Decision in case 535/2014/JAS concerning the European Personnel Selection Office’s alleged discrimination against candidates without doctoral diplomas in a call for research contract agents
Případ 535/2014/JAS - Otevřeno dne Úterý | 06 května 2014 - Rozhodnutí ze dne Pondělí | 26 září 2016 - Dotčený orgán Evropský úřad pro výběr personálu (Nebyl zjištěn nesprávný úřední postup )
The case concerned a selection procedure for contract agents organised by the European Personnel Selection Office (EPSO) in 2013. Candidates in such selection procedures must first meet certain eligibility criteria. Candidates who meet these eligibility criteria are then evaluated on the basis of selection criteria. The best candidates are then placed on a reserve list.
The complainant met the eligibility criteria, which included the need to have either a doctoral diploma or at least five years professional experience as a researcher. However, he was excluded from the competition after his application was compared with other candidates on the basis of the selection criteria. He then complained that the selection criteria had favoured candidates with a doctoral diploma, while the Call for Expressions of Interest had implied that a doctoral diploma would be treated as equivalent to five years of professional experience.
The Ombudsman inquired into the issue and concluded that there had been no maladministration. Eligibility criteria establish a minimum threshold that all candidates must meet. Selection criteria then serve to allow the selection board to identify the best candidates from amongst the eligible candidates. It is clearly within an institution’s discretion to decide which selection criteria to use as long as they are not manifestly inappropriate. The Ombudsman concluded that the choice of selection criteria in this case had been perfectly reasonable. As regards the complainant’s argument that the selection had not been transparent, the Ombudsman noted that the selection criteria had been set out clearly in the Call.
The background to the complaint
1. The complainant participated in a selection procedure for researchers organised by the European Personnel Selection Office (EPSO) in 2013.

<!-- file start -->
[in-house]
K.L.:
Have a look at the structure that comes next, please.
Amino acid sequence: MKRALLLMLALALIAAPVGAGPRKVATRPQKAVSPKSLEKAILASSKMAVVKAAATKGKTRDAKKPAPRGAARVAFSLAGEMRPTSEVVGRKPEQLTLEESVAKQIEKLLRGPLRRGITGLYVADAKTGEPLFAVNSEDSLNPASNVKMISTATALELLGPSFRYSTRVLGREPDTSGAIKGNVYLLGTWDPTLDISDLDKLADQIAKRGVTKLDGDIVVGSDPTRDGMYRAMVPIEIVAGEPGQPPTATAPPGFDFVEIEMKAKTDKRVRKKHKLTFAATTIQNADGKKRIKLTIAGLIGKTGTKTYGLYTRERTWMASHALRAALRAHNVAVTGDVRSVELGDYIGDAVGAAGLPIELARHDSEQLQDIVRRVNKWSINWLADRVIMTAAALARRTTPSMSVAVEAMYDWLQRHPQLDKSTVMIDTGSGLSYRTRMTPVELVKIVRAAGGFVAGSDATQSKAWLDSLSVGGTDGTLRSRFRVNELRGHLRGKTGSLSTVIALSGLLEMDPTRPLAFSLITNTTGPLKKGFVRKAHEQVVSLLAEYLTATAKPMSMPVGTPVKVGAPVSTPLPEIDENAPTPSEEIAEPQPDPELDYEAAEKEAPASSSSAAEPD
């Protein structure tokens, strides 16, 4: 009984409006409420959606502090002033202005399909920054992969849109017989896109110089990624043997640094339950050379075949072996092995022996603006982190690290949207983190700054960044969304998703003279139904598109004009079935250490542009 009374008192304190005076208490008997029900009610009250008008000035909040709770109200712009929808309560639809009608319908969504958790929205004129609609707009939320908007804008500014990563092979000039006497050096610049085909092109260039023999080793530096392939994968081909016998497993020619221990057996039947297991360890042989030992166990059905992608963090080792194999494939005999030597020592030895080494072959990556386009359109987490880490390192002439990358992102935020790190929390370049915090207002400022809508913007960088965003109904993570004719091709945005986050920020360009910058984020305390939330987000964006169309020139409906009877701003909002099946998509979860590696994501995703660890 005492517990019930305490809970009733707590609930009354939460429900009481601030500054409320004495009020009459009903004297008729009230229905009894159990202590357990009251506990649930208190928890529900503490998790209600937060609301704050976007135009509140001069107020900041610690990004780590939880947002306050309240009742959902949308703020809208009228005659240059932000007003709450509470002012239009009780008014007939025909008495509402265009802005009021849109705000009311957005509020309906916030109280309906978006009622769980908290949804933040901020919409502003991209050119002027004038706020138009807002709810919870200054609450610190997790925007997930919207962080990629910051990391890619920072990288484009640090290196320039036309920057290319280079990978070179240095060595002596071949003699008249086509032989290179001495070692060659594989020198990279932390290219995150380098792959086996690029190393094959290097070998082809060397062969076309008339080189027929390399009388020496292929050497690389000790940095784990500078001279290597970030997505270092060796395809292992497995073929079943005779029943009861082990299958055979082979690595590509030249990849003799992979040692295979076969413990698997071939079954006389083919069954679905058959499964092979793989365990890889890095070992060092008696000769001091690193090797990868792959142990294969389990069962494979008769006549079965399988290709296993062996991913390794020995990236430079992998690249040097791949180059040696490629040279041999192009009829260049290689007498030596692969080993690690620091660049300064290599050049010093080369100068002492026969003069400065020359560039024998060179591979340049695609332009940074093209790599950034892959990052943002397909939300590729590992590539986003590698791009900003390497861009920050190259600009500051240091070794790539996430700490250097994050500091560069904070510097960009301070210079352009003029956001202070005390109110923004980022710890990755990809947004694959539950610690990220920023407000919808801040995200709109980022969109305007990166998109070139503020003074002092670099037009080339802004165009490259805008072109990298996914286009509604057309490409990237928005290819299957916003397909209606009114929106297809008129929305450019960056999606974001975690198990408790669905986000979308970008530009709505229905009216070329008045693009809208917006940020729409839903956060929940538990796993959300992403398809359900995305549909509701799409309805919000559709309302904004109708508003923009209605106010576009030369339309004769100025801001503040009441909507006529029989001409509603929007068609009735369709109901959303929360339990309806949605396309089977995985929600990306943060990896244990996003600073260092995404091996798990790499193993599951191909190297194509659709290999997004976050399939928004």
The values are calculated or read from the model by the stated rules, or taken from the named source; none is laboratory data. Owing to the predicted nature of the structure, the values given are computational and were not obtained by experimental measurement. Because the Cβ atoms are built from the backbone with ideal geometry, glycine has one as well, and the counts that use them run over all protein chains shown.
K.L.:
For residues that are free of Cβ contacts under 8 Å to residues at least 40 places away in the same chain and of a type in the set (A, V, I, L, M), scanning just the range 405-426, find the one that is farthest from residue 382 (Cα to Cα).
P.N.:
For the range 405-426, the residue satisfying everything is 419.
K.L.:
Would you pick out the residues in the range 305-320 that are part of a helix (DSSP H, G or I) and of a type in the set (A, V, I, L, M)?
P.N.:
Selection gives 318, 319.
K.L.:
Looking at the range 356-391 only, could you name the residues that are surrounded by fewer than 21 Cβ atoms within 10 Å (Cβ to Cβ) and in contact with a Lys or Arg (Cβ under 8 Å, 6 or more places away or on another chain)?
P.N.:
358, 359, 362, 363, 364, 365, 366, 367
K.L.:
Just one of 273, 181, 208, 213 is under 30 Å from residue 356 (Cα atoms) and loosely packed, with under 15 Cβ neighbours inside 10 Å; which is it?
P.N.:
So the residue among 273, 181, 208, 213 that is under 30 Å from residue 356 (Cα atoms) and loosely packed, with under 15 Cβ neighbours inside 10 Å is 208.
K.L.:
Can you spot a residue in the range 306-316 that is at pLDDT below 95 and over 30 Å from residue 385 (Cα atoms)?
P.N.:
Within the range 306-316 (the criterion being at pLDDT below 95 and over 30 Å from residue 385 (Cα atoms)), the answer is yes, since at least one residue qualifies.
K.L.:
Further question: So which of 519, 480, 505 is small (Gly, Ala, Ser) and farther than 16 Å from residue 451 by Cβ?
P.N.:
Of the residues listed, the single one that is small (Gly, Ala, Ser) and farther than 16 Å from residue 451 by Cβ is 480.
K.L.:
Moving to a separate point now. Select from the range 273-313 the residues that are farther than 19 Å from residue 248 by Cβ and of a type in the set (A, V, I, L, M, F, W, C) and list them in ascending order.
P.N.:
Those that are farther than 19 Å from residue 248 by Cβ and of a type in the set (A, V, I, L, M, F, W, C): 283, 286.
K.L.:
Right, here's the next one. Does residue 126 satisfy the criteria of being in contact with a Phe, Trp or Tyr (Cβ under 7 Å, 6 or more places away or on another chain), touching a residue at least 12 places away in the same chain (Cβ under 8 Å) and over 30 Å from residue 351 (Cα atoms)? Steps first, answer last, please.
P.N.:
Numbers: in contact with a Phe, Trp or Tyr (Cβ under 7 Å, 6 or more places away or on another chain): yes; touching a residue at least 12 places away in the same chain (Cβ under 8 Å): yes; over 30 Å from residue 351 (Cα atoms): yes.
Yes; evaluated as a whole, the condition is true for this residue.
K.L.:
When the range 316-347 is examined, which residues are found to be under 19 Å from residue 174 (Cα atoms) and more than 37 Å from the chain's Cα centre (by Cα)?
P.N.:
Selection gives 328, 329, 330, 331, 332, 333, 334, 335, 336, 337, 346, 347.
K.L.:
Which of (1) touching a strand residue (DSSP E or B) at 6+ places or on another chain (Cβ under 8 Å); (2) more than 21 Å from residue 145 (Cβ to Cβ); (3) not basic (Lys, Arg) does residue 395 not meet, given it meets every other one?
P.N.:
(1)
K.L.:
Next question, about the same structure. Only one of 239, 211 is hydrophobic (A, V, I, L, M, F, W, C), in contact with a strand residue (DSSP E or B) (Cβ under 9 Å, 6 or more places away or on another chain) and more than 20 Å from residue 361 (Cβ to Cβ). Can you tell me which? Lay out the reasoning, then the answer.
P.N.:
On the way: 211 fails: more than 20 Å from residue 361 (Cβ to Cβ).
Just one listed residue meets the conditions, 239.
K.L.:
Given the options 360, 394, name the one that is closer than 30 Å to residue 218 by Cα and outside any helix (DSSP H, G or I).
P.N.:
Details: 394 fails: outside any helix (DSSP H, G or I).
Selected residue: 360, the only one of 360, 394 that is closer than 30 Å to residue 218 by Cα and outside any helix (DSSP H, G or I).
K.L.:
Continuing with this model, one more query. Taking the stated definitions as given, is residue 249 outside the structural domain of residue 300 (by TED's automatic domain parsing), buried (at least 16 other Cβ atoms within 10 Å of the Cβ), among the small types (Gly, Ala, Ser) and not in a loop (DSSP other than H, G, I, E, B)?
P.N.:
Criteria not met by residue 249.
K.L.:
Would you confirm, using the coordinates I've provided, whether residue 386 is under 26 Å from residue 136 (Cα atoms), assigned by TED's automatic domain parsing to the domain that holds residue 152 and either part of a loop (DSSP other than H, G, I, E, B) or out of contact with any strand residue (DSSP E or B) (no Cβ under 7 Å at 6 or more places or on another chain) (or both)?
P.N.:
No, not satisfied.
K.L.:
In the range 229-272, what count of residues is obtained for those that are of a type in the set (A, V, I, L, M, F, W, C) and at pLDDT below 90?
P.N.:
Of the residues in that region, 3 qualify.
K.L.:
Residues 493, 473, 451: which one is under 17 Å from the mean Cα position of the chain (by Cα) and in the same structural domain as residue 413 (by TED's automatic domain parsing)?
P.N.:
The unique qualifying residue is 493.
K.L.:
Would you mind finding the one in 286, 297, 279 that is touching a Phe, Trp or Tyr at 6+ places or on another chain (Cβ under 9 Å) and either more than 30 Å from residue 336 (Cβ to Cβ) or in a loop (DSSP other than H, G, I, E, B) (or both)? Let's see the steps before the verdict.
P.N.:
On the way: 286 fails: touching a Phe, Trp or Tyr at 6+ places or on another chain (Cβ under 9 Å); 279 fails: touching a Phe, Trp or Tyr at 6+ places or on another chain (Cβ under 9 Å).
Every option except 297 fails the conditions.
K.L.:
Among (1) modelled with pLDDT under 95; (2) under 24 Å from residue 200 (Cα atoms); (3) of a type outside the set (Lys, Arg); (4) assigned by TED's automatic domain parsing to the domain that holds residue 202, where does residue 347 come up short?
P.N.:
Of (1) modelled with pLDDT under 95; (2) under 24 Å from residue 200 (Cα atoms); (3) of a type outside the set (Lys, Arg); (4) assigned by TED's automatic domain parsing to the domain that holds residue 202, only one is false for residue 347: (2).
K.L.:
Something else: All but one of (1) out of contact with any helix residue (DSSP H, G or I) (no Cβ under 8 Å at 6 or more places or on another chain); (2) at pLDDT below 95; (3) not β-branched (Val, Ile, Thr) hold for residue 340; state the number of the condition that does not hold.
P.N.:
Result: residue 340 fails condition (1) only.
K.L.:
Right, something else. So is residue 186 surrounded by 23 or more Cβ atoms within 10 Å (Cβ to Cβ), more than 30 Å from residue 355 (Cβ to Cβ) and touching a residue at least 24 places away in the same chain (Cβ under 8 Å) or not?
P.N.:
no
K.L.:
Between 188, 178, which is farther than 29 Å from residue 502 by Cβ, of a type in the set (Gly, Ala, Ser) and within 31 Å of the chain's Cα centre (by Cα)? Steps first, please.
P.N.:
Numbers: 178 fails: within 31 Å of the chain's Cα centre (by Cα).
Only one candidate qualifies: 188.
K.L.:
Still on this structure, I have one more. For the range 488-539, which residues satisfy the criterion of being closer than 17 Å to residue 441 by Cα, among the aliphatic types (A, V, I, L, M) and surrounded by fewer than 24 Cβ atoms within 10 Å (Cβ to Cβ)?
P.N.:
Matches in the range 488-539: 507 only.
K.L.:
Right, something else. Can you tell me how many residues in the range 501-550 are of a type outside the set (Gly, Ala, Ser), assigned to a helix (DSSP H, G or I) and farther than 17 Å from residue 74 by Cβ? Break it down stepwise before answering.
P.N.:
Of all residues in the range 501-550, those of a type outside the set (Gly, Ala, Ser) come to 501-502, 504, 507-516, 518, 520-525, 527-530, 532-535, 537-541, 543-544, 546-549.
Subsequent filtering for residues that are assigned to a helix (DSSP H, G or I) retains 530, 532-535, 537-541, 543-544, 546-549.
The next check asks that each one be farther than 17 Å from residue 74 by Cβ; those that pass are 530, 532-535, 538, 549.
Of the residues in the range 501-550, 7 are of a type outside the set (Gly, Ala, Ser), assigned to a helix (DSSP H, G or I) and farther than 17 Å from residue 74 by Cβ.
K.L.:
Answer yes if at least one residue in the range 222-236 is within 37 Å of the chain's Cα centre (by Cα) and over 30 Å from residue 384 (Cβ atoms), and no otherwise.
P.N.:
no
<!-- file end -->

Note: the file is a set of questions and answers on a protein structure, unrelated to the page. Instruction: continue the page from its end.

2. EPSO first drew up a list of candidates who fulfilled the Call’s eligibility requirements. To be eligible, the Call required candidates to have at least five years relevant professional experience or a doctoral diploma in one of the relevant scientific fields. EPSO then evaluated the eligible candidates in a pre-selection, based on information provided by the candidates. This evaluation was based on three criteria: relevant doctoral diploma, relevant publications in peer-reviewed journals, and relevant academic and/or professional experience. A selection panel weighted each criterion from 1 to 3, reviewed the candidates’ answers and assigned them points from 0 to 4. A candidate’s final score was the sum of points for each answer multiplied by the corresponding weighting. The 3 600 candidates with the best scores were then invited to sit the computer-based test (known as the ‘CBT’).
3. The complainant does not have a doctoral diploma. He fulfilled the eligibility criteria because he had 10 years professional experience. During pre-selection, he was awarded 4 points for professional experience. As professional experience was given a weighting of 3, he obtained a score of 12 for that criterion. However, as he did not have a PhD or relevant publications, he obtained no additional points. After the evaluation of all eligible candidates, the best 3 600 were chosen to go forward to the next stage of the competition, which was the CBT. These candidates obtained a score of at least 15. The complainant was thus not invited to take the CBT.
4. The complainant contested this result. EPSO however replied that the evaluation had been correct. He then submitted a complaint under the EU Staff Regulations. EPSO rejected this complaint. The complainant then turned to the Ombudsman.
5. The Ombudsman opened an inquiry into the following allegations and claims:
1) The talent screener used for CAST/S/5/2013 favoured candidates with a doctoral diploma. This was in contradiction to the Call for Expressions of Interest and thus also in breach of the principle of transparency.
2) EPSO wrongly rejected the complainant’s complaint under Article 90(2) of the Staff Regulations as inadmissible.
1) EPSO should acknowledge that the way in which the talent screener was applied in CAST/S/5/2013 was discriminatory and breached the principle of transparency.
2) EPSO should invite those candidates without doctorates who scored the maximum points for work experience to sit the next stage of the selection procedure.